"Aye, Caeser, but not gone..."

Today's the day we do the final edit on the long awaited core proposal. At 2:00 I brief the president and provost, at 3:00 the committee meets for two hours of wordsmithing, and Monday it goes to the Curriculum Committee for release to the college at large. I am as nervous as a caffeinated cat.

You see, I know how academics think. I know the issues they worry about. I also know that as soon as this proposal is posted on the college's intranet, a lot of people will be pouring over it like actors counting the lines of their parts. Why is there no mention of discipline X? How is it you can spend nearly two years on this and not see it the way I do? Great, but how will this affect my favorite course to teach? What have you people been doing all this time? I hate it. I love it. I'm all for it, now here are 172 high-minded objections...

One of the challenges in designing a general education core composed of many disciplines is creating some kind of coherence. At best this challenge arises from the natural tensions existing between disciplines. At worst, it stems from attempts to protect academic “turf” or resistance to any change that threatens the status quo. No doubt some people will see our proposal as not going far enough. Others will see it as a radical departure that raises concerns about its impact on departments or disciplines. I am under no illusion that we will avoid these kinds of tensions. No proposal can expect universal acclaimation.

Yesterday before work I said to my wife, "How the did I suddenly become a person of responsibility? Husband, father, professor, chair of a committee that might louse up all these people's lives? When did this all happen? I used to be just a dumb schmoe who liked to read books."

Comments

Anti-Dada said…
As long as you don't pull an Obama and just disappear after you've done your part. Don't let your sympathy for others derail you, man! If they come up with 172 objections come back with 172 rebuttals. Unless, of course, you think some of the objections have merit.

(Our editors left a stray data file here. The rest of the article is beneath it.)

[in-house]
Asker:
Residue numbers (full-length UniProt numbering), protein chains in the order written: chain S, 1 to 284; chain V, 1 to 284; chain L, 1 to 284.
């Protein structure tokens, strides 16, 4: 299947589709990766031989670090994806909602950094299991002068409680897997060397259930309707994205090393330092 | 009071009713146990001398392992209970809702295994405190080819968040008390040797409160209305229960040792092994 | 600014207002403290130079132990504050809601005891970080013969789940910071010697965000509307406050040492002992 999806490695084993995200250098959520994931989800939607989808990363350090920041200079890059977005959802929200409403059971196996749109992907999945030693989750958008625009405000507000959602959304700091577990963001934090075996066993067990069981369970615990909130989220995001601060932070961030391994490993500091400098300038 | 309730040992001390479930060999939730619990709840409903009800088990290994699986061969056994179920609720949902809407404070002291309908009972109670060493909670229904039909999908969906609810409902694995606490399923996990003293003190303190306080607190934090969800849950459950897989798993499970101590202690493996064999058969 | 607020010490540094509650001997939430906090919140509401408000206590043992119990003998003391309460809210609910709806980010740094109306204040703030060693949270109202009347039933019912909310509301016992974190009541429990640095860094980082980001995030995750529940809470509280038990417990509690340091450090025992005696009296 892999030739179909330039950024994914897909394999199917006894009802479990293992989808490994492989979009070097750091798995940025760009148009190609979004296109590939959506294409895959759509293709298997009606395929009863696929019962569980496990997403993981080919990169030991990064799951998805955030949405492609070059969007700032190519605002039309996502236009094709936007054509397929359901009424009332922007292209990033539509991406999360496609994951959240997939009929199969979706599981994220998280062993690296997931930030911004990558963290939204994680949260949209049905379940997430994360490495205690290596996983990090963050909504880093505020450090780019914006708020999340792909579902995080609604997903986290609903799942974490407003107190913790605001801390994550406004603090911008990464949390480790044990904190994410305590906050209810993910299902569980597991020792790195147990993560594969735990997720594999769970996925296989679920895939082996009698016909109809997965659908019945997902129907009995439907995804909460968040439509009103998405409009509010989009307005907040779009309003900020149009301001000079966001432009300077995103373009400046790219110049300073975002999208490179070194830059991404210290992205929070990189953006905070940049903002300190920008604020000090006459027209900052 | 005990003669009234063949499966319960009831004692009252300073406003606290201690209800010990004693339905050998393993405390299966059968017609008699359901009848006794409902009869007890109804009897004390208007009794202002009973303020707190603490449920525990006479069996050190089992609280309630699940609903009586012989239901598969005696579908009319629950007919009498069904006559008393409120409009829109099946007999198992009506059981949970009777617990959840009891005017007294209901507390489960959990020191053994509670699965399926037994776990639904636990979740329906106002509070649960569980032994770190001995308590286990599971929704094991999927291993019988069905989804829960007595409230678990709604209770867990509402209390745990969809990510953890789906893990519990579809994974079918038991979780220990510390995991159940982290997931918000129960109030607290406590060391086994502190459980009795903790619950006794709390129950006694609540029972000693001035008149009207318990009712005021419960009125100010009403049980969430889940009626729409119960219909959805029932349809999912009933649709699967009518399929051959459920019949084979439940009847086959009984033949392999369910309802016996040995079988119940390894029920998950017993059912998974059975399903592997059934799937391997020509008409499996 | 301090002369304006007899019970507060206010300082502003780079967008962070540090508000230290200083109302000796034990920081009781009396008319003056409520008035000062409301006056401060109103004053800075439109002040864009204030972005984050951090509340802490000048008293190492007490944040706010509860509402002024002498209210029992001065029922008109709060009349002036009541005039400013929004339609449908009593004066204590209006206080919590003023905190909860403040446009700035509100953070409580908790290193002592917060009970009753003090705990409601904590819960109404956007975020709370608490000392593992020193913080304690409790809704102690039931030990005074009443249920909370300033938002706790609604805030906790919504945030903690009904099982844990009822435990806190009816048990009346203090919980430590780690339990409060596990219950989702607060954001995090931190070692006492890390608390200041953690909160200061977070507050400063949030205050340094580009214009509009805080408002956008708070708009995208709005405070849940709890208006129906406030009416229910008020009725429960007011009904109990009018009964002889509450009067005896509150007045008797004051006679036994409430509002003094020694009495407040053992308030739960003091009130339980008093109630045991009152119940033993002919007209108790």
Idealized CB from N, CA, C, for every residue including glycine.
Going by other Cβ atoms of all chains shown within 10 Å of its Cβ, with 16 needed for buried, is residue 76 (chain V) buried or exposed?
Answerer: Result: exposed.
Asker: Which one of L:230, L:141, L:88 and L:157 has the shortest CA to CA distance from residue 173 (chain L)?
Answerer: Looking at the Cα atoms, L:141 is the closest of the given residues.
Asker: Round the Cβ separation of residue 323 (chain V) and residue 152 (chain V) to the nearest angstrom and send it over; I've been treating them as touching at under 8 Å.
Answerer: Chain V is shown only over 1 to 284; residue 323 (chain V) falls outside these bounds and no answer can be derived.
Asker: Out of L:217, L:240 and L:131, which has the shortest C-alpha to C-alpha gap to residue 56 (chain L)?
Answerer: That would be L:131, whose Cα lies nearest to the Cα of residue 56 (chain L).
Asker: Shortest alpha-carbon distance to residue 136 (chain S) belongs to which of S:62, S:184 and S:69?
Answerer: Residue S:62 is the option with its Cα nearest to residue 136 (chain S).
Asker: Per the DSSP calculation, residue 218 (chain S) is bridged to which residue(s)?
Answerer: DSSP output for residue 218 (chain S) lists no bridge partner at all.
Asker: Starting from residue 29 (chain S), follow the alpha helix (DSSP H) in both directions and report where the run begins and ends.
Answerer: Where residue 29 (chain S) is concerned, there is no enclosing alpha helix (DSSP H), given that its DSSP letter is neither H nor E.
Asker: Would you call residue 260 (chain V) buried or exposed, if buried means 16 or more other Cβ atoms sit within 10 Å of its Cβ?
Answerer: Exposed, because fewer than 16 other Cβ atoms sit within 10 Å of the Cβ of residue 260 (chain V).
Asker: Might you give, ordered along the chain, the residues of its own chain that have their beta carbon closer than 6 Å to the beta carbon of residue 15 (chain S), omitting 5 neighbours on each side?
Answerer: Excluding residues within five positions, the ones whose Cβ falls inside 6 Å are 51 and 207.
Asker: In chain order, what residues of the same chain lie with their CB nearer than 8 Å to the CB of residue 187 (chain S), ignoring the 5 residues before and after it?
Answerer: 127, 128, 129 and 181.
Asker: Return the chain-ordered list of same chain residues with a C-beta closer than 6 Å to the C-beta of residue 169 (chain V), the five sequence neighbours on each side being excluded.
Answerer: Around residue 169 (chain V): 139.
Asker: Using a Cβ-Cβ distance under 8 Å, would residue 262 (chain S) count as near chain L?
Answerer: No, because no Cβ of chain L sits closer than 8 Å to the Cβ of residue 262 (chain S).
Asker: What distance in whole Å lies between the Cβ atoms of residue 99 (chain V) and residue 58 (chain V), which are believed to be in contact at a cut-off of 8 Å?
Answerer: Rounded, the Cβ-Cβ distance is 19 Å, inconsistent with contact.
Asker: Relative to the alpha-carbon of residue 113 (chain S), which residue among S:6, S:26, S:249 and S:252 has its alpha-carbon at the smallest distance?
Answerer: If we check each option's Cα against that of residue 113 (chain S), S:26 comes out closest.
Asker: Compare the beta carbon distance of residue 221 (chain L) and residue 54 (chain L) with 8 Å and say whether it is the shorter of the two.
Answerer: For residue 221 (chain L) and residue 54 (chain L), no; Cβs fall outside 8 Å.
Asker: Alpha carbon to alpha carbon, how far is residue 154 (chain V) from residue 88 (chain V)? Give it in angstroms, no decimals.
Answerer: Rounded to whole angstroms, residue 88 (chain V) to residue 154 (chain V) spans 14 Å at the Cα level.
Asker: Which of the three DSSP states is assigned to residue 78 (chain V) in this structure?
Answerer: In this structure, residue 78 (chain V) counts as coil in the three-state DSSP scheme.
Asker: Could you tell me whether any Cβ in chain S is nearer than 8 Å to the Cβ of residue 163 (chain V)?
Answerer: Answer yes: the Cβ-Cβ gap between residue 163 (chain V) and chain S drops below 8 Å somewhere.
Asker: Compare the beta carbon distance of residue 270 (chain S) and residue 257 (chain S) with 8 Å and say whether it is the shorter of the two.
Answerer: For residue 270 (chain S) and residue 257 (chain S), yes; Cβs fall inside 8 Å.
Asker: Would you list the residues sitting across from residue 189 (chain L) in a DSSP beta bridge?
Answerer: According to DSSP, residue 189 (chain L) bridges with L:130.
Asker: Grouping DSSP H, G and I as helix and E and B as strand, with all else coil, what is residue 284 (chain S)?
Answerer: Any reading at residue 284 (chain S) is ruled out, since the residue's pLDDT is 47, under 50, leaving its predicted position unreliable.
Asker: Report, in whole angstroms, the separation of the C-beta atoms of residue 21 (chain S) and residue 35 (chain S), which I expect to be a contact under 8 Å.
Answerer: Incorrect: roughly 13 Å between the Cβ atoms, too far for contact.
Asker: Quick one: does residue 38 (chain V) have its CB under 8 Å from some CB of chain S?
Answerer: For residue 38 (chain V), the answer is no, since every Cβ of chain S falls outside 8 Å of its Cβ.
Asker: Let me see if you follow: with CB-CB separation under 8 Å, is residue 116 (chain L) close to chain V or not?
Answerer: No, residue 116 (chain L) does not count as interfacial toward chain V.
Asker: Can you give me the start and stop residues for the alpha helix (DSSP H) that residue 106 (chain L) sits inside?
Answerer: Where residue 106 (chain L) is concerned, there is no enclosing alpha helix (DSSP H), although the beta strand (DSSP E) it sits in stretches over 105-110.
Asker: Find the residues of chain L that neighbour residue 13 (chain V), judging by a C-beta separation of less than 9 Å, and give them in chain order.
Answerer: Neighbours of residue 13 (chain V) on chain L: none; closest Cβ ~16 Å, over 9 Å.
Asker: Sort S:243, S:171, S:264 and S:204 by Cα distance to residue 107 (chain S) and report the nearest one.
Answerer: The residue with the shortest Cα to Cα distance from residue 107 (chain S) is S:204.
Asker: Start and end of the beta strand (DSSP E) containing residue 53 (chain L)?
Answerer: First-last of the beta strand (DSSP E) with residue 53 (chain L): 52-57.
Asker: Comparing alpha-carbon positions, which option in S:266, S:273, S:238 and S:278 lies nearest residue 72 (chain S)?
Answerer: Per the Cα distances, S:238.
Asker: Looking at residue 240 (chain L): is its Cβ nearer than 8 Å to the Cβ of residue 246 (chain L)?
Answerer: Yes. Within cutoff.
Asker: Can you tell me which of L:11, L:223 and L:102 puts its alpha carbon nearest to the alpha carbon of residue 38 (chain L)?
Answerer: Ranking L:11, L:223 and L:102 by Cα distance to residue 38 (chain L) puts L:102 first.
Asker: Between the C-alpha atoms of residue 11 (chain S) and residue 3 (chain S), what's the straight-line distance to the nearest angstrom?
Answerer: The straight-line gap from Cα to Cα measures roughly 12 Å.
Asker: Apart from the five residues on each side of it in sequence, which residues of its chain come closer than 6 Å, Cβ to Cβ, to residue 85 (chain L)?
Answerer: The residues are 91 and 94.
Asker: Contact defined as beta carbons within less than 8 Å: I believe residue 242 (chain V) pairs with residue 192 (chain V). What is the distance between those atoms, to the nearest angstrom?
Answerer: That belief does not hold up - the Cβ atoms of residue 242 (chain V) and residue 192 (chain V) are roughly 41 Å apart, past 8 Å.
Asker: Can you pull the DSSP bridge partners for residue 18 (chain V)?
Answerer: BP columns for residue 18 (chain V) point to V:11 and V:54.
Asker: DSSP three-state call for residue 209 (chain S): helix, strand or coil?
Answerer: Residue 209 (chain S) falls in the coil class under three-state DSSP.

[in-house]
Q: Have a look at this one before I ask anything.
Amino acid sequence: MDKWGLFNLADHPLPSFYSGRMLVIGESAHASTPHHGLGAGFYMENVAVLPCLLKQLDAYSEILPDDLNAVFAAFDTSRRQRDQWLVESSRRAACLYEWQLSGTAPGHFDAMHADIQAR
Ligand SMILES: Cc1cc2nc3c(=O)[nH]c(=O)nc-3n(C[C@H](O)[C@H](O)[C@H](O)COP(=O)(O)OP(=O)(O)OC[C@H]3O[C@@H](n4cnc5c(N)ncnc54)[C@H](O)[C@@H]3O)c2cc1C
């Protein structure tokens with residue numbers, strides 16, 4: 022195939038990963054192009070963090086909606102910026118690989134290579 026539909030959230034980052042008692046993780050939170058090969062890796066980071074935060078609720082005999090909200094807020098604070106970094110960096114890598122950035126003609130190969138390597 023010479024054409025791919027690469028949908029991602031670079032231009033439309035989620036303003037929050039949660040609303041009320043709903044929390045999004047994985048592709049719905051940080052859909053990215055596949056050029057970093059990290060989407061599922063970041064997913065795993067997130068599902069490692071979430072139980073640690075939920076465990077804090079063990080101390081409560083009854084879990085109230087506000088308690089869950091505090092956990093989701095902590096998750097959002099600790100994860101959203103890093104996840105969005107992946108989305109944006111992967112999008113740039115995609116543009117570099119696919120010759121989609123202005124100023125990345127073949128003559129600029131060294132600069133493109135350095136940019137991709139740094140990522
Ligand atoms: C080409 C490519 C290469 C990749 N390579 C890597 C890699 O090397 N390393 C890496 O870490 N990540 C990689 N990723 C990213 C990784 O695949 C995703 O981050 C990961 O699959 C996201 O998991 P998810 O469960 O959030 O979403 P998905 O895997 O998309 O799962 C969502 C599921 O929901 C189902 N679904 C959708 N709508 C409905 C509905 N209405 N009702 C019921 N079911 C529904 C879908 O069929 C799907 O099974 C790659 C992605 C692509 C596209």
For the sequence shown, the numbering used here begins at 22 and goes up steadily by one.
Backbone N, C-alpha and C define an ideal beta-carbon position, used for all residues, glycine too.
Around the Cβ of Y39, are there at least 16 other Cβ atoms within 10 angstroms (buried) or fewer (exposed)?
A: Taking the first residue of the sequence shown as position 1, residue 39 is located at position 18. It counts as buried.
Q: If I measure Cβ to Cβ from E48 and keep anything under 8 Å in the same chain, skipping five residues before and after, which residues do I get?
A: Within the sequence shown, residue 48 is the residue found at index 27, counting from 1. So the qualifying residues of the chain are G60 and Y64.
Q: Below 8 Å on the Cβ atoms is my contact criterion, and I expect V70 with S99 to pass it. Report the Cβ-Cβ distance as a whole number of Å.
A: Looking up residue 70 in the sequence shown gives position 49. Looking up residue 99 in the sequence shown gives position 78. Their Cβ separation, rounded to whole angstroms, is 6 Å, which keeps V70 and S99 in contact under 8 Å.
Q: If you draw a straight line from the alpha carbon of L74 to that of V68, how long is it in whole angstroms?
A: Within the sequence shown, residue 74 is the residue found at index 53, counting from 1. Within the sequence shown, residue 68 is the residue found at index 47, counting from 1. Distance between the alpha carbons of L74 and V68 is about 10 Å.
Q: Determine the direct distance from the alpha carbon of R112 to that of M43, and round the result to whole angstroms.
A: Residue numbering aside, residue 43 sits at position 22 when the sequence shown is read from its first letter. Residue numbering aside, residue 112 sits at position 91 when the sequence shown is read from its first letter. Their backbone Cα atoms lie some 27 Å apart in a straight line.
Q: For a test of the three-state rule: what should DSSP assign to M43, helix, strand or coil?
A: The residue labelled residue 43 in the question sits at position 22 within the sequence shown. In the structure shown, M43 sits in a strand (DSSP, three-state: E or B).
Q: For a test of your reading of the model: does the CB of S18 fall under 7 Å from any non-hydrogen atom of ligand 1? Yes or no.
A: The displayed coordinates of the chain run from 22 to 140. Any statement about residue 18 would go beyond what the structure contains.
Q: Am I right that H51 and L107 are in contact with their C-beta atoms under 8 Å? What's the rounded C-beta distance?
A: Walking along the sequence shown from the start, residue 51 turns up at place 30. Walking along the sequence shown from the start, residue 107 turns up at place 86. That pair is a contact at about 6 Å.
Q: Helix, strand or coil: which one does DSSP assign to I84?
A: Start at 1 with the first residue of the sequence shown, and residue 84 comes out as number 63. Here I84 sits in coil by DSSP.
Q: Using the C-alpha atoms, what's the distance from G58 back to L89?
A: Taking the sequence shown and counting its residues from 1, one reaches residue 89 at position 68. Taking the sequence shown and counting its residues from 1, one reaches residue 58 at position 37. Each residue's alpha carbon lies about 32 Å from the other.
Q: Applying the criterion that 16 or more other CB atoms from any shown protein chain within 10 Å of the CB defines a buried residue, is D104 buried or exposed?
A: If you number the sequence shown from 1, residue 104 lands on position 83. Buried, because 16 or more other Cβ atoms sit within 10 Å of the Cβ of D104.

That is the idea, after all, for such a project to be collaborative. The fact that there IS recourse allows for a participative endeavor. Don't let your dictatorial impulses (or your flight impulses) shield you from the fact that you're engaged in a neo-democratic process. There is a hierarchy, there are limits on who is eligible to participate, but you, in this case, play a role that gives you greater participative power because of your position.

Think of yourself as a journalist. Pay attention to who approaches you privately about this issue or that. Are there subtle, covert attempts at influencing the process? Overt, blustering (Bill O'Reilly) attempts to take control of the process, to direct it, guide it, subvert it?

I mean, this is the GOOD stuff. When you think about it. Politics in action. Affecting policy. Curriculum. That's a big deal, actually. Those are hearts and minds, after all, being winnowed by an academic institution. Changes in educational practice are huge. They can be. Transformative acts. They determine the course of history in a way. A micro-history, a history limited to a singular institution in a singular location, but in relation to all of the other institutions going through their cycles of stability and change it's a drop of rain contributing to the downpour. Thousands of lives are directly affected in a matter of years and tens of thousands over decades (well, depending on enrollment and faculty/staff turnover).

I'm intrigued. I'm always intrigued by processes involving policy changes. That's where the action of society really lies. Policy determines structure determines the rhythms of daily life. Might be an incremental shift for most, so subtle as to be invisible. For some, though, I'm sure it will be a seismic event. I want a play by play on this one.

Popular posts from this blog

Two Jars

The Betrayal of F. Scott Fitzgerald's Adverbs

Four Arguments for the Elimination of the Liberal Arts